Tuesday, February 16, 2010

The IMF Doesn't Like Inflation Any More than the Finance Ministers Who Run It

. Tuesday, February 16, 2010

Some IPE bloggers seem to be reading a lot into a recently-released IMF Staff Position Note. In this note, IMF chief economist Oliver Blanchard and his co-authors consider the lessons we might draw from the recent crisis about the pre-crisis consensus on macroeconomic policy. One lesson he suggests is that a slightly higher inflation target (4 rather than 2 percent) might make it easier to cut rates in the face of large negative shocks. Let me quote the relevant section at length:

The crisis has shown that large adverse shocks can and do happen. In this crisis, they came from the financial sector, but they could come from elsewhere in the future—the effects of a pandemic on tourism and trade or the effects of a major terrorist attack on a large economic center. Should policymakers therefore aim for a higher target inflation rate in normal times, in order to increase the room for monetary policy to react to such shocks? To be concrete, are the net costs of inflation much higher at, say, 4 percent than at 2 percent, the current target range? Is it more difficult to anchor expectations at 4 percent than at 2 percent?
Achieving low inflation through central bank independence has been a historic accomplishment, especially in several emerging markets. Thus, answering this question implies carefully revisiting the list of benefits and costs of inflation (page 11).
Maybe I am missing subtlety (subtlety has never been my strong suit), but I don't see how one gets from these paragraphs to Erik Voeten's assertion that the IMF's "Chief Economist calls for countries to raise their inflation target to 4 percent."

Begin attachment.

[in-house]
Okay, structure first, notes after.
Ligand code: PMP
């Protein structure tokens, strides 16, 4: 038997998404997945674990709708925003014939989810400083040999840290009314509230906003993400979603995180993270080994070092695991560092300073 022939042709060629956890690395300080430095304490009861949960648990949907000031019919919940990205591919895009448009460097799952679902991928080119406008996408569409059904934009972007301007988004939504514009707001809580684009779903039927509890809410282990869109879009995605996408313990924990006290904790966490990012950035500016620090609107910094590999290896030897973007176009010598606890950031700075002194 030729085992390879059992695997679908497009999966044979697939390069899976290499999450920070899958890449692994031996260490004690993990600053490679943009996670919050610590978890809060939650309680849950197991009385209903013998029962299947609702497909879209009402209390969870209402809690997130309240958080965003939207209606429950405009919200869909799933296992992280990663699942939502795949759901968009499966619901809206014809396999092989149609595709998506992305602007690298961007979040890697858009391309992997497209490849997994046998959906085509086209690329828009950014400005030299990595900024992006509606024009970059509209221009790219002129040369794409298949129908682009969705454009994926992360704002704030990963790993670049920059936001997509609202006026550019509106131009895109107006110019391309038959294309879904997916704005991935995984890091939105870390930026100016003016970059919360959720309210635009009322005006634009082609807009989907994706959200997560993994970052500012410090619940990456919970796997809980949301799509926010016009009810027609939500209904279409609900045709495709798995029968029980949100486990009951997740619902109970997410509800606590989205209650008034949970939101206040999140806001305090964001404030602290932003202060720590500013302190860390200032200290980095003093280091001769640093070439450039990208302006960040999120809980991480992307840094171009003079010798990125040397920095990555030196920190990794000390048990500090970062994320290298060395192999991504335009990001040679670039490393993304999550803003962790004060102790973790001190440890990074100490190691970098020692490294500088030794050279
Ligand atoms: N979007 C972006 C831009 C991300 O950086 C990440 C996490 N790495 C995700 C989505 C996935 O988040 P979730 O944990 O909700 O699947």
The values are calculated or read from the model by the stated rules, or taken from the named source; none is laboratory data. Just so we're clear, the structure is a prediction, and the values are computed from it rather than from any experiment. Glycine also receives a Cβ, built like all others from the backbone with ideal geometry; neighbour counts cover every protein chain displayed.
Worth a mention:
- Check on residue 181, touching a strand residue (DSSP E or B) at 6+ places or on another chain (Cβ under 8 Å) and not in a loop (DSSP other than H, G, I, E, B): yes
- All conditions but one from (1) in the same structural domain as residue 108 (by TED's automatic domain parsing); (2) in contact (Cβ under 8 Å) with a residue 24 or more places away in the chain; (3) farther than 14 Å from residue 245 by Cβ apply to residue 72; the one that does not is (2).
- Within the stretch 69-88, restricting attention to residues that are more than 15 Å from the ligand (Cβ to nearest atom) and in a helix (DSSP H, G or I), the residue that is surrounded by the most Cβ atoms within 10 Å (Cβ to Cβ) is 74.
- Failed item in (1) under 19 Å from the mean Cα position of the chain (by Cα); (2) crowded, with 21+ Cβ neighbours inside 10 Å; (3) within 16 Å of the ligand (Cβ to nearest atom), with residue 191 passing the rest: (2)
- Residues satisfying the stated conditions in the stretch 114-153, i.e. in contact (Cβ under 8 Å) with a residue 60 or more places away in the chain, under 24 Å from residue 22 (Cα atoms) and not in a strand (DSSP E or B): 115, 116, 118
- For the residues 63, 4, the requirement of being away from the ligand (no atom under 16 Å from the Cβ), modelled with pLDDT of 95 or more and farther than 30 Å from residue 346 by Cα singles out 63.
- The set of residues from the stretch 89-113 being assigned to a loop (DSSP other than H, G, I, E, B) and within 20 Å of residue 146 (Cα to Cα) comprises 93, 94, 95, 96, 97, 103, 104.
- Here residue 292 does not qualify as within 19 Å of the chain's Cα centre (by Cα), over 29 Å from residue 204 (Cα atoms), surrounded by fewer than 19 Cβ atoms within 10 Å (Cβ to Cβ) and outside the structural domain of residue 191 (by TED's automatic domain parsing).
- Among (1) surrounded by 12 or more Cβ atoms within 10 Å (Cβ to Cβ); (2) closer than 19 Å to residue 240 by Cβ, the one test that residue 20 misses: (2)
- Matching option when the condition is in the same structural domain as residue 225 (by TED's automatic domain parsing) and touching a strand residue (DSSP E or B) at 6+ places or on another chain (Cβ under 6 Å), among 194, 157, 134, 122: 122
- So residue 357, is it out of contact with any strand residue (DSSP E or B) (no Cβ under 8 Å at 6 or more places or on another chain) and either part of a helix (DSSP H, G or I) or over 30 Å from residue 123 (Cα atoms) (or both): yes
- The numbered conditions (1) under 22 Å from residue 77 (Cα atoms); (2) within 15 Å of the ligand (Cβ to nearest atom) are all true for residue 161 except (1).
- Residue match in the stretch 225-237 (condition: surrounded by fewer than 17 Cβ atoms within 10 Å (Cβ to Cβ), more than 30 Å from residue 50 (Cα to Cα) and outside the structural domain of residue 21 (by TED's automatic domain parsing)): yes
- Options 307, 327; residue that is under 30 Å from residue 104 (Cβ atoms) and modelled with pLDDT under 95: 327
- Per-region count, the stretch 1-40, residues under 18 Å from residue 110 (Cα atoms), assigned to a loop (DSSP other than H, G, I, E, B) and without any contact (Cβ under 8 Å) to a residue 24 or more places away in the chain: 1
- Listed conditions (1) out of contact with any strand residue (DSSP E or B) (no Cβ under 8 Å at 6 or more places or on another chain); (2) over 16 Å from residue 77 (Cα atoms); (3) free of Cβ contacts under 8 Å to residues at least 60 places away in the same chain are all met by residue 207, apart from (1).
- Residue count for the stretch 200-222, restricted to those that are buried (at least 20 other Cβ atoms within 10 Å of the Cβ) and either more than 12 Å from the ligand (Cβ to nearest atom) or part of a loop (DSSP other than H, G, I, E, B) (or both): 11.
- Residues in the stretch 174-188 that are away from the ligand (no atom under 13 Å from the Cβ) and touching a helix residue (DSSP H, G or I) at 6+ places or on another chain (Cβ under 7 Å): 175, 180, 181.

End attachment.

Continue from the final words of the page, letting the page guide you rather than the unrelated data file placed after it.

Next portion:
Nor do I see how James Vreeland (welcome to the blogosphere, James) can assert that Blanchard has called for monetary authorities to raise their inflation target and cite (I can only infer approvingly) the Financial Times' claim that this "represents a dramatic shift away from the standard policy advice of the IMF." (Though I highly recommend the rest of Vreeland's post on the evolution of IMF conditionality).

Nor, even if this interpretation is correct, do I see why this is hypocritical. What I see is exactly what one hopes to see. Reflective people drawing lessons from major historical events. Lord Keynes' ideas for the IMF emerged from his reflections on the lessons of the Great Depression. In that context, it made sense to prioritize the fight against deflation. Central bankers embraced a two-percent inflation target based on lessons of the Great Inflation. In this context, it made sense to prioritize the fight against inflation. The world throws new challenges at us, and we reflect and adapt. And then the world throws new challenges at us. Shouldn't we welcome indications that policymakers are reflecting and possibly adapting?


The IMF Doesn't Like Inflation Any More than the Finance Ministers Who Run It




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